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Leveraged loan prices suffer worst setback on record

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Prices on leveraged loans have suffered multiple record declines this week, as a month-long market sell-off unprecedented in intensity has ravaged secondary market values amid the economic stresses brought about by the coronavirus pandemic.

Of concern to U.S. CLO managers and investors is the potential accumulation of more lower-rated assets in their portfolios as defaults and downgrades mount in the loan sector.

On Wednesday, the JPMorgan Leveraged Loan Index declined $3.41 decline to an average loan price of $82.08 (per $100 par pricing) surpassed the prior all-time high $3.22 drop that had occurred on Monday. In all, the index has tumbled $15.38 since Feb. 21. Prior to this week, the record one-day fall had been the $2.46 decline registered on Oct. 10, 2008.

Among the hardest hit sectors for speculative-grade rated loans were the automotive sector (down $5.71), transportation ($5.07) and gaming/leisure ($4.28), according to JPMorgan’s daily high-yield and leveraged loan market report on Thursday.

For now, the drop in loan prices has limited impact on existing CLOs (held assets are not reset to market prices for ongoing coverage test purposes). However, observers say falling prices could be a harbinger of forthcoming defaults and downgrades that could affect managers' ability to meet ongoing coverage tests for their portfolios.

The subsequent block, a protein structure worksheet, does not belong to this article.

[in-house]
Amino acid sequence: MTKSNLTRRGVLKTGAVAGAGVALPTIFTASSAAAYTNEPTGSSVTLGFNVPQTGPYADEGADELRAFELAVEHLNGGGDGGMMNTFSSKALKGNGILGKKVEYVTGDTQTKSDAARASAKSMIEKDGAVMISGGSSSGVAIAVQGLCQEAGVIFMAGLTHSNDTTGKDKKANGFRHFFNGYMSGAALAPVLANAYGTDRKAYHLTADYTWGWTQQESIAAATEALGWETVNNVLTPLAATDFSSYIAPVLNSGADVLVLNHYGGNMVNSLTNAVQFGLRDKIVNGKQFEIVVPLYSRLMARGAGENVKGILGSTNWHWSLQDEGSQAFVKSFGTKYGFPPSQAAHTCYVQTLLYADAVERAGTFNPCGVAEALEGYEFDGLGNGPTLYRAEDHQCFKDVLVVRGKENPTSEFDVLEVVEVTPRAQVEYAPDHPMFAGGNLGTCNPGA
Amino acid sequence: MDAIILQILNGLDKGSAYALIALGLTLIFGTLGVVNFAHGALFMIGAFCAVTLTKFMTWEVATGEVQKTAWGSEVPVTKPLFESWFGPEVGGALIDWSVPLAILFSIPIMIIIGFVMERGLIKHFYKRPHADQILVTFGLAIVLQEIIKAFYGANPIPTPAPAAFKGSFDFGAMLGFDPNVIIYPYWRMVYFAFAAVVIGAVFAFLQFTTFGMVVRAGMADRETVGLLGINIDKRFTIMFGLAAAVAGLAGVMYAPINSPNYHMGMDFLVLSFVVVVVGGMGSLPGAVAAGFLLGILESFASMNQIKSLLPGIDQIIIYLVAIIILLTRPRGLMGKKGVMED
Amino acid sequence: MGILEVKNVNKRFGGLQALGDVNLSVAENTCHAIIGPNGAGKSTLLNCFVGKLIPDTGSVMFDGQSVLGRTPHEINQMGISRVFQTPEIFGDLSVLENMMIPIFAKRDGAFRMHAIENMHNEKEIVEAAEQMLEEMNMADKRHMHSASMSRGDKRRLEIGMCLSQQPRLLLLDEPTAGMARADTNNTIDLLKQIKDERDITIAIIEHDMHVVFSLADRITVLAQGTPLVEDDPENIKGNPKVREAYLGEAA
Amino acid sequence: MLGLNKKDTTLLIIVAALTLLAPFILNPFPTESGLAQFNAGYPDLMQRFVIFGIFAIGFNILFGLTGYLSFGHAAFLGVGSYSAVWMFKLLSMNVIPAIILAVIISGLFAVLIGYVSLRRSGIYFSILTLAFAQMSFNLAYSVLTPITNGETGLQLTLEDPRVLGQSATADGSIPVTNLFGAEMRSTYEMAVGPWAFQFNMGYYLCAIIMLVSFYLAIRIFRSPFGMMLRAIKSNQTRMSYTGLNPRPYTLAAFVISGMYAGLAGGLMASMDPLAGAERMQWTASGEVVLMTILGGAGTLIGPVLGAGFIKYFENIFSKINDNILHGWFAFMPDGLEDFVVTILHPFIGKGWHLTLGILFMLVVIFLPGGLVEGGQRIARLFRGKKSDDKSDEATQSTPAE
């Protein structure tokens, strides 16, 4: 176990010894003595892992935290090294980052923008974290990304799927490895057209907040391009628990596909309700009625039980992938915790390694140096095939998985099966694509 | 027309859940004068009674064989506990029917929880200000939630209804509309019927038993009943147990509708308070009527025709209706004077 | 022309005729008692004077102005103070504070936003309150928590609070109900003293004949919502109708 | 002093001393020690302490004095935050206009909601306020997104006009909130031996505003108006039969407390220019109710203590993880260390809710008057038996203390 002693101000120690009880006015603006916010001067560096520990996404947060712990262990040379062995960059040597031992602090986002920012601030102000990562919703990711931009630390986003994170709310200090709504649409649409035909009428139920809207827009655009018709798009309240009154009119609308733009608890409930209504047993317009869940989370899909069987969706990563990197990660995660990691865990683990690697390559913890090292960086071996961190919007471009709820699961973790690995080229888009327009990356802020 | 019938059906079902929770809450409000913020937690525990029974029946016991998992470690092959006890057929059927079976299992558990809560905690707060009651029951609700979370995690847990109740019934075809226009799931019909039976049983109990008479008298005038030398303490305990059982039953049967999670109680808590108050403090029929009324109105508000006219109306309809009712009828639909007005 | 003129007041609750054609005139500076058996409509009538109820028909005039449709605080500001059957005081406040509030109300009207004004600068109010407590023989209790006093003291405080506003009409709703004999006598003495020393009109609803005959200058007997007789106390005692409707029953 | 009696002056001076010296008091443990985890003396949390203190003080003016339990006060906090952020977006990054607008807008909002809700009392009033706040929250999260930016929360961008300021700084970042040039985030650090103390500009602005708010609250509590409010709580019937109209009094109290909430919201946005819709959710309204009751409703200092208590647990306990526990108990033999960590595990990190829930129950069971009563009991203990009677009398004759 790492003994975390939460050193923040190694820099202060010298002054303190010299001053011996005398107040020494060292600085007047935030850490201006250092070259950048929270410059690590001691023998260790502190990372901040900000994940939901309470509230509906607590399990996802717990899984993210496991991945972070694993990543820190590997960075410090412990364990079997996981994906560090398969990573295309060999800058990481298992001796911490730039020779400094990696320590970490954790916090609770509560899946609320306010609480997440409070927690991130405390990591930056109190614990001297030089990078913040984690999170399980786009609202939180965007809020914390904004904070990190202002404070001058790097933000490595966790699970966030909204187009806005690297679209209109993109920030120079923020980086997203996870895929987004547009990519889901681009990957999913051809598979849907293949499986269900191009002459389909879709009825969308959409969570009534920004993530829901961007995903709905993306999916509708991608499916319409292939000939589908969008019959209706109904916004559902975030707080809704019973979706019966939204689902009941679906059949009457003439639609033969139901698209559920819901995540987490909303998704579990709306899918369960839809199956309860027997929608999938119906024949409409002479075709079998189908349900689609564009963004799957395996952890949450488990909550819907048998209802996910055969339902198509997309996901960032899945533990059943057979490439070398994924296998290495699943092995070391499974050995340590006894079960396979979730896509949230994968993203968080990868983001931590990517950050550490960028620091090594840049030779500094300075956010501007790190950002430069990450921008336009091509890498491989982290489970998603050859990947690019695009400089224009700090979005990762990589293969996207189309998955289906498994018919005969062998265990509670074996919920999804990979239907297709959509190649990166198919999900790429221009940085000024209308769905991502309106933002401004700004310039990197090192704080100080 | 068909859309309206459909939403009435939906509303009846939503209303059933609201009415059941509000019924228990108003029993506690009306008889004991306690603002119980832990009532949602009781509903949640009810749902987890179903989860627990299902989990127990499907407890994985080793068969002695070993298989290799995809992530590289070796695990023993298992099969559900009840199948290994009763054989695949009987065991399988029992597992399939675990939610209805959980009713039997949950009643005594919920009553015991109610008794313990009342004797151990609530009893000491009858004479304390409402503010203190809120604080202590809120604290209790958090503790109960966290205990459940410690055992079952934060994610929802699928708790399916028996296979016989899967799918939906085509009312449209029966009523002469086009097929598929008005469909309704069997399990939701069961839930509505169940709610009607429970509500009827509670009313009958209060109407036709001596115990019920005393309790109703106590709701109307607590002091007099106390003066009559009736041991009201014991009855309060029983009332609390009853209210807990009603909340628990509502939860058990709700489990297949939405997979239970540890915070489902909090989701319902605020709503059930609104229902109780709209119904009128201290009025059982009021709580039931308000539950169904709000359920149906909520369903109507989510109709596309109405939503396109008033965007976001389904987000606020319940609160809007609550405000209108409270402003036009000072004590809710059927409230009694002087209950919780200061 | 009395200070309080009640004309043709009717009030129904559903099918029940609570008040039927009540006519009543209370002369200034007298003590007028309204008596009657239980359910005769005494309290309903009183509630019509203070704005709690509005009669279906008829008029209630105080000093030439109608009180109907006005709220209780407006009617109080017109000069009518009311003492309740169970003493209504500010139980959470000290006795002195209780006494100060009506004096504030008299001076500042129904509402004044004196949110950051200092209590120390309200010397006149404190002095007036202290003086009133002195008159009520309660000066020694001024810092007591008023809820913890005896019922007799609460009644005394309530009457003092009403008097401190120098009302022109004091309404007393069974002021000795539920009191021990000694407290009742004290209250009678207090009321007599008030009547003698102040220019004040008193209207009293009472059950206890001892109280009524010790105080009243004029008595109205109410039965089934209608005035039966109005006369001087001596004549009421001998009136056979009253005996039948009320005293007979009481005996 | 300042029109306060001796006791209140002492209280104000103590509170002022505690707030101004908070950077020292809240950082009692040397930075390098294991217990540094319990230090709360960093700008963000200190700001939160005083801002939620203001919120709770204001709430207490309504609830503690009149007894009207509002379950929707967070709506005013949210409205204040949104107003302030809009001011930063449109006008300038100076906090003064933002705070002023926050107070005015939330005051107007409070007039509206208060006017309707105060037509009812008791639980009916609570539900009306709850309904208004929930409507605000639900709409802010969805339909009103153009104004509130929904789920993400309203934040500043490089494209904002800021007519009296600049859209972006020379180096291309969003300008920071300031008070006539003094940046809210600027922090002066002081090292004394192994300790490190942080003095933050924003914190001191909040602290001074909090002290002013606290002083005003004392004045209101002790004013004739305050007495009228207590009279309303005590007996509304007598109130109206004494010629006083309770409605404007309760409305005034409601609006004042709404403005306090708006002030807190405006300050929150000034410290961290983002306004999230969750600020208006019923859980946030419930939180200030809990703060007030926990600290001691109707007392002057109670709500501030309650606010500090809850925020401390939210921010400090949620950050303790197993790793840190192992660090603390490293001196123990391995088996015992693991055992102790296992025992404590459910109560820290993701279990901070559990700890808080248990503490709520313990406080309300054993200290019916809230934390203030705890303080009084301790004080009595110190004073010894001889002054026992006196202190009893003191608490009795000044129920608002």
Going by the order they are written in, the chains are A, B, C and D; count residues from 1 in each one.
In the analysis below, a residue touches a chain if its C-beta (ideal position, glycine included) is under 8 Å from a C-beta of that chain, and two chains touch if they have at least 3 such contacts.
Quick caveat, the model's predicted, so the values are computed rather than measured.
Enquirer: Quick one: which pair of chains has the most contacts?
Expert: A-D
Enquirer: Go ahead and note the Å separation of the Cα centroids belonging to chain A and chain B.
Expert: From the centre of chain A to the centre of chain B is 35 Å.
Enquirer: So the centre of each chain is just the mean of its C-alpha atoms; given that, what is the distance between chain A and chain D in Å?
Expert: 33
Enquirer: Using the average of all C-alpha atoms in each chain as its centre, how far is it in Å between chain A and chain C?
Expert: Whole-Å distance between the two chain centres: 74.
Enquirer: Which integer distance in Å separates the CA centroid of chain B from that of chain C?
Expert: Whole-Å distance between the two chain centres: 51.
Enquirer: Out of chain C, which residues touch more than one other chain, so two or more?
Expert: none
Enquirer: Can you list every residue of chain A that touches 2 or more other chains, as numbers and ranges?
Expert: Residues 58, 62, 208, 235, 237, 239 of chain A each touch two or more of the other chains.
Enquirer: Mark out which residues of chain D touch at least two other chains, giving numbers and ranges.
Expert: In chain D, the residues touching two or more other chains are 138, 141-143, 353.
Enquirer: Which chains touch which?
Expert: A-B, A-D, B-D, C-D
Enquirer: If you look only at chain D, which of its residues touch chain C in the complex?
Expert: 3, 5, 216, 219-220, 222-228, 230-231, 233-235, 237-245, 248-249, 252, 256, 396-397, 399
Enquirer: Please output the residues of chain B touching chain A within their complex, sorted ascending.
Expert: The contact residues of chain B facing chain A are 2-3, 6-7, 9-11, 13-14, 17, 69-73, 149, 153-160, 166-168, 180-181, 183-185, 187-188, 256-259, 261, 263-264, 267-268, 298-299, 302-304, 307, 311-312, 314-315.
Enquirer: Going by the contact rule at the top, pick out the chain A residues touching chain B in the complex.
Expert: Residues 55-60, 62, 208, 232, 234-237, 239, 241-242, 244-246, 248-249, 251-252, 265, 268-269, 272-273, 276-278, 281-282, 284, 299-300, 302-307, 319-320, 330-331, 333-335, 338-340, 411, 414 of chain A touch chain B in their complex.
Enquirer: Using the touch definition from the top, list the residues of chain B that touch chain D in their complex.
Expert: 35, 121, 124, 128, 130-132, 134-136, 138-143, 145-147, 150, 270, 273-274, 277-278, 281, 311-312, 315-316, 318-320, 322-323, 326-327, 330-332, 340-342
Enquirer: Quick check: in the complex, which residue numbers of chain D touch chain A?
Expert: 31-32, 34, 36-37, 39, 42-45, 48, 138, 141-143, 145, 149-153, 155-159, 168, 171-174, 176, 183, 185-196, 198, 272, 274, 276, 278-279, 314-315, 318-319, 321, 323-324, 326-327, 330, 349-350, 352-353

Still, junk-rated corporate borrowers that issue leveraged loans “may struggle with the acute cash flow shock brought about by the spread of the coronavirus, ultimately leading to an increase in default rates across sectors,” wrote Deutsche Bank analysts in a report issued Wednesday.

Such actions could trigger coverage test failures for required overcollateralization cushions (or the minimum par value of assets exceeding the notional value of issued notes) as well as the limit on so-called “triple-C” buckets in deals.

In a research report issued Monday by Wells Fargo, U.S. CLOs “still sport healthy coverage test cushions” with an average minimum collateralization spread of 394 basis points, as well as “low” percentage levels of near-default CCC or Caa (Moody’s Investors Service) ratings of 3.5%/3.7%.

CLOs are typically limited to 7.5% of total holdings in triple-C loans.

“We think CLOs would require at least a threefold increase in CCC exposure occur before the average CLO would breach its coverage test, given current CCC exposure and cushion levels,” wrote Wells analysts.

The collapse in broadly syndicated corporate loan prices since Feb. 21 is part of a broad-based sell-off of assets – not all of them risky - by nervous investors. According to Lipper, actively managed exchange-traded loan funds funds have had selloffs totaling $8.76 billion. The flight from high-yield bond funds totaled $16 billion in the same time frame.

The average 14.1% fall in loan prices in March exceeds the previous worst months that had been recorded in the midst of the 2008 financial crisis, according to JPMorgan. The $15.38 slide in prices since Feb. 21 is worse than the deepest seventeen day stretch of losses ($14.87) that occurred in the fall of 2008.

Spreads on the LL index’s three-year takeout have more than doubled to 1081 basis points as investor demand plummeted, compared to 452 basis points on Feb. 21.

According to JPMorgan, leveraged loans have year-to-date losses of 14.9%, with the lowest-rated tier of loans (split B/CCC rated) nearing a 20% loss on the year.

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CLOs CDOs Leveraged loans Corporate defaults Downgrades Coronavirus